Integral to the story are the connections between other individuals in their lives, including the Gordon families. Will Reuven receive smicha from Rav Kalman, a man who attacked Reuven’s father’s work? Will his father continue teaching in his current yeshiva? Will Michael recover from his catatonic state? What does the future hold for Danny and Rachel? Danny and Reuven and all other characters in the novel are part of a network of people who support, teach, and influence one another. So am I, I thought. Everyone is, even though all interconnections are not created equally. Relationships, just as they are in “real life,” are interdependent, and some are healthier and more helpful than others. 

I enjoy reading fiction and nonfiction, historical fiction and narrative nonfiction—all sorts of literature. Everything I’ve really appreciated, however, is something that’s made me think, something I’ve learned from, or something that has shone on a light on a social, cultural, or even personal situation. Sure, I enjoy reading for entertainment and amusement, but the primary criteria of whether I recommend a book is how well the author tells a story (or several) that illuminates life issues. The Promise does that—and more. 

Posted in book reviews, books, fiction, nonficion, reading, stories, Uncategorized, writers, writing | Tagged , , , , , | 3 Comments

Powerful Words at Goodwill

I enjoy going to old bookstores (new ones too) and thrift shops for book browsing. There’s no telling what treasures you’ll find there. Even if you don’t purchase a book, there are certain to be snippets of food for thought, passages that touch your heart, or facts that you didn’t know until that moment. Case in point: Winnie the Pooh was inspired by a real-life black bear purchased by a veterinary surgeon and captain in the Canadian Army. Who knew?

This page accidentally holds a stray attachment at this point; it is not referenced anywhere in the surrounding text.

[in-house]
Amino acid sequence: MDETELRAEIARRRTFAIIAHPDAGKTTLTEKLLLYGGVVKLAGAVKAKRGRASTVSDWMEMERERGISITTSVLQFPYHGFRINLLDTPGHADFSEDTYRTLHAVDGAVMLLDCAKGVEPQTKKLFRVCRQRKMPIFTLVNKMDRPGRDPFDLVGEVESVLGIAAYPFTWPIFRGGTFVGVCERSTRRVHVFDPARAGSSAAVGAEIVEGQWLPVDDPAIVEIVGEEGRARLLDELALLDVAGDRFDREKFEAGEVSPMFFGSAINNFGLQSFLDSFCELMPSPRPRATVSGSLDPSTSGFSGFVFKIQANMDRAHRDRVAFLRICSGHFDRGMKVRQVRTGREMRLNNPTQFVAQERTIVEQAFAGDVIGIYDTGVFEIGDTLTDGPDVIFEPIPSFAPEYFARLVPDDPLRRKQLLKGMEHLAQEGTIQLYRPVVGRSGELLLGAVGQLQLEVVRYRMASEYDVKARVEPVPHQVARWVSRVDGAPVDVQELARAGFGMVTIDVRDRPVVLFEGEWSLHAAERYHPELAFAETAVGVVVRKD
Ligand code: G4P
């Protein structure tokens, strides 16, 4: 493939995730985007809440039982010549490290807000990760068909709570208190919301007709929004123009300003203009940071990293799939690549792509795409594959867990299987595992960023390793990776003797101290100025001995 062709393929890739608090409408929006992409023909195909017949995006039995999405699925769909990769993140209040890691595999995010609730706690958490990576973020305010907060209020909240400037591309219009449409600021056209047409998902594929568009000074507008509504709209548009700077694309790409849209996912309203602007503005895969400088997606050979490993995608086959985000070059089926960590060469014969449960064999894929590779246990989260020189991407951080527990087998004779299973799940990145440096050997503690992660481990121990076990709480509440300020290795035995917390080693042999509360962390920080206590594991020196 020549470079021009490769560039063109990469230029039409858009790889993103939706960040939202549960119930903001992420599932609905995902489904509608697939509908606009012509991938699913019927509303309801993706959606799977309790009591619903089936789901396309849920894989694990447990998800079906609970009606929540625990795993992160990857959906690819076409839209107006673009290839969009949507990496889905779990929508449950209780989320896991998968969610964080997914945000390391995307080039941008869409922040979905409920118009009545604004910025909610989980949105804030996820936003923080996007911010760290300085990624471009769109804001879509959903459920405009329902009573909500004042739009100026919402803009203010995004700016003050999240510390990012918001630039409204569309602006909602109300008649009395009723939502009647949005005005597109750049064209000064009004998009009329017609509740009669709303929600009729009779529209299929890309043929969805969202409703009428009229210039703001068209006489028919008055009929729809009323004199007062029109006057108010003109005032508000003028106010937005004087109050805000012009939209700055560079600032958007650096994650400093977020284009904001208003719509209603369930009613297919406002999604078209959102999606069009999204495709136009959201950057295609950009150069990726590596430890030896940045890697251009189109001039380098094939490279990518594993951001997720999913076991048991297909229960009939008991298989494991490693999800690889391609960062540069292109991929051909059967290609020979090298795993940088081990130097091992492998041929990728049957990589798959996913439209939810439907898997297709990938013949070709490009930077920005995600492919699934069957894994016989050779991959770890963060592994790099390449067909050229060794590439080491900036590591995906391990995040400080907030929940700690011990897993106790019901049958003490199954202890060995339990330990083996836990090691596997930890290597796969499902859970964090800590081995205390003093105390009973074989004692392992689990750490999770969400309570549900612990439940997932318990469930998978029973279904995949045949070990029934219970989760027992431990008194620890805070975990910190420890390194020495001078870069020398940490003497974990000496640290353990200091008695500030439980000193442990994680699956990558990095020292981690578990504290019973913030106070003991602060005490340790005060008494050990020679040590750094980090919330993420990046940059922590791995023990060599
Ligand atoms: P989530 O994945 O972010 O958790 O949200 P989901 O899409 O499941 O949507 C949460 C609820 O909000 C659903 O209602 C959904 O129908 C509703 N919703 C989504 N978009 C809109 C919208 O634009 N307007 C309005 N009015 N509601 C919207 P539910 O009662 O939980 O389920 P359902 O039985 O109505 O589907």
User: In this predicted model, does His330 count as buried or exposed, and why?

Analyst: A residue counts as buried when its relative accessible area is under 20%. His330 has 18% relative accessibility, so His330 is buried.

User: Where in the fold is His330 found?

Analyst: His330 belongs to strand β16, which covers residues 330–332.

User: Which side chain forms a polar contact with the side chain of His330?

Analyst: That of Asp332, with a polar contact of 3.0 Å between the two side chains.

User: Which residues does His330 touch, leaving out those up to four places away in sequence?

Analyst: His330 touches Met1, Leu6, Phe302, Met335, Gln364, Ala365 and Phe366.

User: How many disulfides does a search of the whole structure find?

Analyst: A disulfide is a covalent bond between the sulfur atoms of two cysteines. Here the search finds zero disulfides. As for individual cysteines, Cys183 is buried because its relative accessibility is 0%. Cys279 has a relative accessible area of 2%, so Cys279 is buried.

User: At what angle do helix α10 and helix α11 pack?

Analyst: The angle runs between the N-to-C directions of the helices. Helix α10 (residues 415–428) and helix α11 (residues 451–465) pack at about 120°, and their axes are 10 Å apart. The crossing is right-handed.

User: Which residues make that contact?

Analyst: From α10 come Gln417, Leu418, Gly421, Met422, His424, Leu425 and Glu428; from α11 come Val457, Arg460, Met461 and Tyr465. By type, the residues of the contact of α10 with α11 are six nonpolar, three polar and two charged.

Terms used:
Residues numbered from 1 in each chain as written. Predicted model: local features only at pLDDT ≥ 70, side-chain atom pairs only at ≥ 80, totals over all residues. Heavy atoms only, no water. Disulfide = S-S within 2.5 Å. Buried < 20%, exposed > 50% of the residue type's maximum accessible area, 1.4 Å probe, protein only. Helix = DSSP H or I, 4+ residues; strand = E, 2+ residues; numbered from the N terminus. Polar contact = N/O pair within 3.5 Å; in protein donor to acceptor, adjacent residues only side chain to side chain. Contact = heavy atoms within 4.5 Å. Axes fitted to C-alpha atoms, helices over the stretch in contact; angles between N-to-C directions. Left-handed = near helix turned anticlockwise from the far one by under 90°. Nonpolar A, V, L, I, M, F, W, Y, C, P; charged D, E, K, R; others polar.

Friday as my friend and I surfed through the book selection in the back-left corner of a Goodwill in Fletcher, NC, she came across one of our favorites from the late 1970s, M. Scott Peck’s The Road Less Traveled. She plucked it from the shelf, opened the book, and turned to me with an amused look, the kind that says, “Get ready. I’m gonna ask you something.” She was a teacher; I know that look.

“Do you remember the first sentence in here?” she asked, turning the book’s cover toward me.

“How could I forget? ‘Life is difficult.’ Those three words stung me, and I had to read more.”  Satisfied with my answer, she glanced back at the page.

“Doesn’t he go on to say that once a person accepts that life is difficult, then she can start solving problems?” I asked.

“Something like that,” she said, skimming the first couple of pages.

“I might buy it,” I said. “I know I have a copy somewhere at home, but I might run into somebody who needs to it, and I can’t part with mine.”

According to Dr. Peck, people moan more or less incessantly about how unfair life it and how their suffering and their problems are somehow deeper and more painful than others. Peck says he knows about this moaning because he’s done his share of it. He states that life is a series of problems and asks whether the reader wants to moan about them or solve them.

Rereading the first page of Peck’s seminal work reminded me of two things: (1) beginnings are important and (2) his book is filled with truth—and with some easy-to-understand ways of solving problems and alleviating pain and undue suffering. 

  • There are numerous examples of the importance of beginnings, but in the present situation, I’m referring to the beginning three words of The Road Less Traveled: Life is difficult. As mentioned earlier, they drew me in. As someone who wants to improve her writing, I’m learning the importance of beginnings in setting scenes, introducing characters, and capturing the attention of the reader.